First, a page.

OKLAHOMA - The battle over the budget is brewing at the state capitol.
Wednesday, the Senate passed the $6.8 billion deal but not without heated debate on the floor.
This budget deal was debated on the Senate floor for more than three hours.
Most senators, whether they voted yes or no, said the same thing: this budget isn't perfect.
But, some said it's so far from perfect that we are looking at serious consequences at the several state agencies.
For hours, Senators with very different opinions debated.
"My hope was for an extraordinary financial fix, not 'This is the best we can do,'" said Sen. Mike Mazzei.
"Rich people are taking a hit with the double deduction loophole that we fixed," said Sen. Ralph Shortey.
And, there was plenty of finger pointing.
"I don't know how much more pressure we could have put on the House," said Sen. Clark Jolley.
The budget plan keeps funding basically the same for Pre-K through 12th grade education and the Department of Corrections.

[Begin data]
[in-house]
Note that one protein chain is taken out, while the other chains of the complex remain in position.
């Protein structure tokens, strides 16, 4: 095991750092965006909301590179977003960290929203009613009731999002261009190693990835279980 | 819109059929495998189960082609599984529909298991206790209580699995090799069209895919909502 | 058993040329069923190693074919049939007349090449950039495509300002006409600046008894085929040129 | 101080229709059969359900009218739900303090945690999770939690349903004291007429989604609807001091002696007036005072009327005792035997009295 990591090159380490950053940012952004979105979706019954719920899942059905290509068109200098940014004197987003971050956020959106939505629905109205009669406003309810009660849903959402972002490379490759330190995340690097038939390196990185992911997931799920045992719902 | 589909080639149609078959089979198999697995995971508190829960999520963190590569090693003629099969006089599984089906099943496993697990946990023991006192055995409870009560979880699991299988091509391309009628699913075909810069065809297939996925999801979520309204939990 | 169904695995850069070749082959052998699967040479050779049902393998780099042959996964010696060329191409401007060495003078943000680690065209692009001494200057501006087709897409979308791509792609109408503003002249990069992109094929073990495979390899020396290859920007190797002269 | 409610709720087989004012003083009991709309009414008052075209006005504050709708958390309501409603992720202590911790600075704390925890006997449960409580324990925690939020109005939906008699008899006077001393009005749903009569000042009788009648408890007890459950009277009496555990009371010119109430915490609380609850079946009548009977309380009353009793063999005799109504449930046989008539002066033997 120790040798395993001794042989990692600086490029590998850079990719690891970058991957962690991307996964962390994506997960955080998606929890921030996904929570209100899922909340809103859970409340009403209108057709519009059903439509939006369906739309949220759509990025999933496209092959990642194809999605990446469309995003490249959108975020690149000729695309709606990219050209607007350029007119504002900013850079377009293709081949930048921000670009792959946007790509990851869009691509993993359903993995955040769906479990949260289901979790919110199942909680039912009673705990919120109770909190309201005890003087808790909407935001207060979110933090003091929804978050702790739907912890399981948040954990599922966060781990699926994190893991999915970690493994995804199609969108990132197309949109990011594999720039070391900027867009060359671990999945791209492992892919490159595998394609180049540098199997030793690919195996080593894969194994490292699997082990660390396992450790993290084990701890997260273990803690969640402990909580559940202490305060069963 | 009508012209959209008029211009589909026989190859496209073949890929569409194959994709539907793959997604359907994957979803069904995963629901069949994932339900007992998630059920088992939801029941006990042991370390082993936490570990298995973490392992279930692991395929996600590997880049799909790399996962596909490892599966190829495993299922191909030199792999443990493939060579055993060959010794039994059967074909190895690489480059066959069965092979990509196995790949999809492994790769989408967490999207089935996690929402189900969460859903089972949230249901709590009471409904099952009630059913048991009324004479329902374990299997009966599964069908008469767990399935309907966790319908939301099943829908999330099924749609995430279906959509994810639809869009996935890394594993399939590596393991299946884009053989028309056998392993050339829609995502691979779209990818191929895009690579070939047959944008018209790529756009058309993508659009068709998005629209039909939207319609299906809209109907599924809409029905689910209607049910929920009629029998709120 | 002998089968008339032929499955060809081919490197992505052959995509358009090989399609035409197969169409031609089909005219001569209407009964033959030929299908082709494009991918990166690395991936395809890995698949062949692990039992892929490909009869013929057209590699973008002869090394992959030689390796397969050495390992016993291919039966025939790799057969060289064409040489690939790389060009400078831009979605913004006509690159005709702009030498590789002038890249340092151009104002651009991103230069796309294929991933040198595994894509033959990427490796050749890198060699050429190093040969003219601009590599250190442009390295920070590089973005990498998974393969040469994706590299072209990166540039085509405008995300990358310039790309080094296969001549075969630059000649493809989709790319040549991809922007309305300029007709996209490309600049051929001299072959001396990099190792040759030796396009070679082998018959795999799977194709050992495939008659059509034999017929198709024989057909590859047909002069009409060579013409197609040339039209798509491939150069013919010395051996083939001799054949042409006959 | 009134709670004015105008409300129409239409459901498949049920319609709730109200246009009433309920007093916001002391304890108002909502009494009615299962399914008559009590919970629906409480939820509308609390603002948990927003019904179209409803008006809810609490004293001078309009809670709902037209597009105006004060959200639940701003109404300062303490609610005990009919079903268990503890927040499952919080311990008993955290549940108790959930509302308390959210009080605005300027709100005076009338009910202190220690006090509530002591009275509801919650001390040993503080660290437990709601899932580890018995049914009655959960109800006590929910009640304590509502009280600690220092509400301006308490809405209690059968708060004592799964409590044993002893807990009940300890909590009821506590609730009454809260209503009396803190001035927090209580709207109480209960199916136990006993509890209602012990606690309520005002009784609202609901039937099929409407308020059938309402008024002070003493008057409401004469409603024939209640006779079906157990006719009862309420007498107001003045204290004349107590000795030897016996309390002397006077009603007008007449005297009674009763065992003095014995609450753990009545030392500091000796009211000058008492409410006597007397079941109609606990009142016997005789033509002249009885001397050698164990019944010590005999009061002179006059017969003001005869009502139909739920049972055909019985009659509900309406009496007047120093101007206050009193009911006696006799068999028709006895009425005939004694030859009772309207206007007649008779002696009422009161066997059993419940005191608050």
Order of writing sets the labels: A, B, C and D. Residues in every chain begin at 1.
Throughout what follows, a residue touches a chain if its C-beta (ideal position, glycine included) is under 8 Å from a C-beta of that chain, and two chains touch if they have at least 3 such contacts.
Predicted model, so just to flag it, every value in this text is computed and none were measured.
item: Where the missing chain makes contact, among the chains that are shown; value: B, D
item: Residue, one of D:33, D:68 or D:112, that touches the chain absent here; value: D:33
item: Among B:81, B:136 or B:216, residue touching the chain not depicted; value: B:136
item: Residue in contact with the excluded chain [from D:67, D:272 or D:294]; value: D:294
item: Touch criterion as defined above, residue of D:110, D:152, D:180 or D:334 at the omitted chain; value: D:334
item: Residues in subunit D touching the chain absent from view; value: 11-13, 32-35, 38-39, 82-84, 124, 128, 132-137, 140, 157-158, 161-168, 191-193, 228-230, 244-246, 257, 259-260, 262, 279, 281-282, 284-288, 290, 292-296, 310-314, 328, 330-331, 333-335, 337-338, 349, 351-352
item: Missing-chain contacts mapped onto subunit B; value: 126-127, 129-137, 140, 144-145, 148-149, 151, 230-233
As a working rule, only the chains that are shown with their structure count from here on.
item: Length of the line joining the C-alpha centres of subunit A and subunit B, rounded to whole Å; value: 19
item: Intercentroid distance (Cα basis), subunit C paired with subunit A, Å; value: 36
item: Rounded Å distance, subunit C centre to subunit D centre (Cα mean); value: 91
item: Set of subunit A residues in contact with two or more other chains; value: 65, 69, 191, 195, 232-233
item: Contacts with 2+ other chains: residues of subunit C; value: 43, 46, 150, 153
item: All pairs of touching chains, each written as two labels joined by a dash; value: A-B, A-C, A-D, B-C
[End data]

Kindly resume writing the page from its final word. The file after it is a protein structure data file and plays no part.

It also gives a little more money to the Oklahoma Healthcare Authority to help cover Medicaid reimbursements.
"In order to maintain the same service array we have in the state, we're going to have to provide additional dollars. This budget does that. The medicaid program was our priority," said Sen. AJ Griffin.
But, opponents easily point out the flaws, like big cuts to the Department of Mental Health and Substance Abuse Services, specifically its drug court, which keeps thousands of non-violent drug offenders out of prison.
"That program is going to have to be cut because of the cuts to the Department of Mental Health. When that happens, those 4,000 people by virtue of rules of the drug court go back to the Department of Corrections so they'll be incarcerated. Incarcerating someone in Oklahoma right now costs about $19,000 a year," said Sen. Kay Floyd.
That's a total of more than $70 million in expenses DOC will have to absorb.
This year's budget doesn't allow for that.
Several senators were willing to go into special session to hash out a new deal but, in the end, it passed 30-16.
Other state agencies facing huge cuts are DHS and higher education.
Meanwhile, the bureau that serves the legislature is looking at a $9 million funding boost.
The House is expected to vote on the budget deal Friday.